April 18, 2022
Transforming experience into advocacy
As a high school student in North Branch, Chelsea Knutson ’24 knew she wanted a career in healthcare, but she wasn’t exactly sure what type of healthcare studies to pursue. Originally, she had considered becoming a medical lab scientist and she had also looked into a surgical tech program before ultimately landing on health information technology.
Knutson’s own health played a factor in the decision. She was born with a rare form of muscular dystrophy and knew that there would be some limitations as a college student. “I have contractures on my joints so they don’t straighten all the way,” she said. “And I’m on a ventilator and require 24/7 caregiving which really hinders my ability to live away from home.”
She enrolled at Anoka Technical College and was nearing the completion of her associate’s degree when she learned about the College’s health informatics and information management programs.
“St. Scholastica did a presentation in one of my classes, talking about the bachelor’s and master’s programs and it got me interested. My goal was always to get a bachelor’s degree but I had to figure out where I’d be able to go. Knowing that I could pursue this, and be able to work from home; once I started, I loved it.”
Knutson is currently enrolled part-time in the College’s online health information and informatics management bachelor’s program and will graduate in 2024. Overall, she said, her experience has been amazing.
“I love the online program and the flexibility to do the coursework as it fits into my schedule,” she said. “I’ve also had a lot more praise for the work that I do, which is something that I’ve never had before.” She is especially appreciative of the accommodations she’s been offered — consideration for absences, extra time on tests, requesting a note-taker — even as an online student.
“What I love most about St. Scholastica is the three-day extension. I can send an email to the instructor and they don’t even have to respond in order for it to be in place.”
After she graduates, Knutson hopes to use her degree and experience for advocacy purposes. “A lot of people including myself struggle to get the equipment that they need. Insurance companies will say we don’t need it because it’s not a medical necessity. I hope this degree can help me advocate for better insurance approvals for equipment that people with disabilities aren’t able to get.”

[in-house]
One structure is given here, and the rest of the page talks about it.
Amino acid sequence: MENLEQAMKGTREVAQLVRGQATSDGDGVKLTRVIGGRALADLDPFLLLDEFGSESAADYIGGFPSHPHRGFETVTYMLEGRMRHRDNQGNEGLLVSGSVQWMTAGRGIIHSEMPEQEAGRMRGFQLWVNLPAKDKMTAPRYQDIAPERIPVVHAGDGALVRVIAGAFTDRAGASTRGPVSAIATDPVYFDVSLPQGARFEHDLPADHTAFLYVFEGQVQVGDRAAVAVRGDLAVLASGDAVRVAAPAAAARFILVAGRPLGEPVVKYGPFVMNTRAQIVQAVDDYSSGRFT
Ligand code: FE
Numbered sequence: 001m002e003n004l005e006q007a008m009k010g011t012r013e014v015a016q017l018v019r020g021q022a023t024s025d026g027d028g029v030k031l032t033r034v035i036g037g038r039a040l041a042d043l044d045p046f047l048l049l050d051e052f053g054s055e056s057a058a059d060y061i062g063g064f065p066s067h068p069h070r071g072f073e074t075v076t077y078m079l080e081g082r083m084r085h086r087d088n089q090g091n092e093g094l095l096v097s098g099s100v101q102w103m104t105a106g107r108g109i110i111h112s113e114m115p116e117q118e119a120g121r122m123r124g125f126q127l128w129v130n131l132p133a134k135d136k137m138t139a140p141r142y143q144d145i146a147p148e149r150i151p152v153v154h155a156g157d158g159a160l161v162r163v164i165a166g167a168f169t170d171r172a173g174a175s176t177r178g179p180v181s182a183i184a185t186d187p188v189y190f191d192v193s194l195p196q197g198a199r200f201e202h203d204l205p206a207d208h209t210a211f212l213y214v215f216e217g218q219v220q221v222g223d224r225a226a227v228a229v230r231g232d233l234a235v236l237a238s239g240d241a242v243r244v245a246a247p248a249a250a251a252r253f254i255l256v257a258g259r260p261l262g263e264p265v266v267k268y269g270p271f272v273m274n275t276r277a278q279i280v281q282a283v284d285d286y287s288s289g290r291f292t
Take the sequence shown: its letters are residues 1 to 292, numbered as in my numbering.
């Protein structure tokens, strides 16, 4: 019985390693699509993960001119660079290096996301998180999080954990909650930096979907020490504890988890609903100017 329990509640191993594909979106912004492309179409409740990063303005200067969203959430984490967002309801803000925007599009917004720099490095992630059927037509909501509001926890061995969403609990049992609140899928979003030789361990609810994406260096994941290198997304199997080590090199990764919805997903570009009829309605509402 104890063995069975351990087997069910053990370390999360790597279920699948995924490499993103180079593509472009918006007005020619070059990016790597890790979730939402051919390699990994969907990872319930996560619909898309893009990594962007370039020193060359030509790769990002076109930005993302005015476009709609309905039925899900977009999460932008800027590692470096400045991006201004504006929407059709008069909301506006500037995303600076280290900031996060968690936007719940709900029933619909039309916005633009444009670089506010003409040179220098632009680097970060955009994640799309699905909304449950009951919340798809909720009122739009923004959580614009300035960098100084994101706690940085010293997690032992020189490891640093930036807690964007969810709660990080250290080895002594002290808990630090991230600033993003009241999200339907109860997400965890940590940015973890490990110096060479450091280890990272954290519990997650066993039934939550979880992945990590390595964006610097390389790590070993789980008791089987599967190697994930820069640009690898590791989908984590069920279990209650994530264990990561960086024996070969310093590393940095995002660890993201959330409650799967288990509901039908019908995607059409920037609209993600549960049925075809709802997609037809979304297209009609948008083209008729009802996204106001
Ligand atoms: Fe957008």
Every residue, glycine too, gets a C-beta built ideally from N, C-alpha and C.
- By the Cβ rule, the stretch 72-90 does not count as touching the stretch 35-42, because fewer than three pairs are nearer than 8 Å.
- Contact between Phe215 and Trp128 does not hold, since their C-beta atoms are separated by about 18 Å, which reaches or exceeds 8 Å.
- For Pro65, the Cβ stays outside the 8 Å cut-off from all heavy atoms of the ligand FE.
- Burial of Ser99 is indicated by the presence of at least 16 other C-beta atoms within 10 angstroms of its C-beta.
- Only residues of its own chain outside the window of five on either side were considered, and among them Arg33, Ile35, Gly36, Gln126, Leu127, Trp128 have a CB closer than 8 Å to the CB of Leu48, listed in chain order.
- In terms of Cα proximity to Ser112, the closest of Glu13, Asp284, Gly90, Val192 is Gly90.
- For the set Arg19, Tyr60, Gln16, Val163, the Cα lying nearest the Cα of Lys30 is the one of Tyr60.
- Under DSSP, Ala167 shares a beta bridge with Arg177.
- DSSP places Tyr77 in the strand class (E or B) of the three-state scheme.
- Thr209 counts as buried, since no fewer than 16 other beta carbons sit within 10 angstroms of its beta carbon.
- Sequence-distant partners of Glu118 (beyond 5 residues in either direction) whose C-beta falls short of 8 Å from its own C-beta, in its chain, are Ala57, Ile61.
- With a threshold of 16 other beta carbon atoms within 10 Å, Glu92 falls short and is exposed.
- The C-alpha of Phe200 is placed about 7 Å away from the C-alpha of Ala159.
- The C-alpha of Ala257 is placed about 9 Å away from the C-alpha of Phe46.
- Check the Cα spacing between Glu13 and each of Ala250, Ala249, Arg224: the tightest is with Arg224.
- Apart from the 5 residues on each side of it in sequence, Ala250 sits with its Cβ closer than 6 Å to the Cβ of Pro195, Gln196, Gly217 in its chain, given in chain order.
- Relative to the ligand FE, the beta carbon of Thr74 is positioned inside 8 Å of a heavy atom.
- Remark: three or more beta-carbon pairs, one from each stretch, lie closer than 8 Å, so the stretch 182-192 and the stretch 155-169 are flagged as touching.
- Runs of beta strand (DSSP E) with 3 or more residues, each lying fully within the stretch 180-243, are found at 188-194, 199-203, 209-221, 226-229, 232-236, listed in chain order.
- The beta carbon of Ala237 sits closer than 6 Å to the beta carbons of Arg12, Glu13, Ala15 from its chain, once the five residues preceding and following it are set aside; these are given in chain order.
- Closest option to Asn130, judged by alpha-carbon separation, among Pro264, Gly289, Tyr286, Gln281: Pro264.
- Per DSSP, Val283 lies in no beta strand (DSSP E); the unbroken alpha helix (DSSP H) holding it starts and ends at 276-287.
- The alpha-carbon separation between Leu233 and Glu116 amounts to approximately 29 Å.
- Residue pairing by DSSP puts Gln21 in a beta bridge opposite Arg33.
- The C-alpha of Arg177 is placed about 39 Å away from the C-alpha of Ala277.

The love of the game
In addition to her studies, Knutson plays competitive soccer and hockey, known as “power sports” because the athletes who participate use an electric or power wheelchair. She was introduced to power hockey at MDA Camp as a kid and the love of the game intensified.
“Every summer, we’d have a week where we’d play power hockey and compete in tournaments,” she said. “People from the power hockey league in Minnesota would come and help us learn how to play the game. Eventually, we had a big North American meet-up in Minnesota and had two teams participate. I got to experience playing with teams all over the U.S. and Canada.”
Hockey is played on a gym floor with five players per team: three forwards, one defenseman and a goalie. Athletes use a wiffle ball instead of a puck and the majority of Knutson’s teammates play with a floorball stick which has more contour than a hockey stick to handle the ball. Games last three-15 minute periods and feature a goal net which is about 6” shorter than a regular net.
There are also three levels of ability based on players’ physical strength. Level one is for players who are physically strong, can maneuver their stick around, lob the ball up and can reach behind their chair to hit it. Level two is for players who can maneuver the stick themselves by holding it but aren’t able to reach behind their chair. Level three is for players who can either hold a stick or tape it to their chair and use more of their chair power to hit the ball.
A hockey teammate introduced Knutson to power soccer in 2018, also played on a court in a soccer chair, which she describes as a power chair that looks like a go-cart with a metal guard around it. The power version also has two unique distinctions: the ball is 13” and not allowed to leave the ground. Three players act as forwards while a goalie defends the space between two posts.
For Knutson, power sports have represented a fulfilling, social experience; one that is sorely missed since the pandemic has halted the teams’ ability to come together safely. Nevertheless, she maintains an optimistic outlook. “I try to stay as positive as I can and love spreading awareness about disabilities and fun things that we are able to do with some adaptation.”
Disability-first vs. people-first language
“I wouldn’t be who I am without my disability, but also I don’t want people to be like, ‘oh she’s the girl in the wheelchair.’ As a disabled person, I use both [disability-first and people-first language] interchangeably, but it’s important to ask.”
Check out Chelsea Knutson’s blog Wheeling Through Life.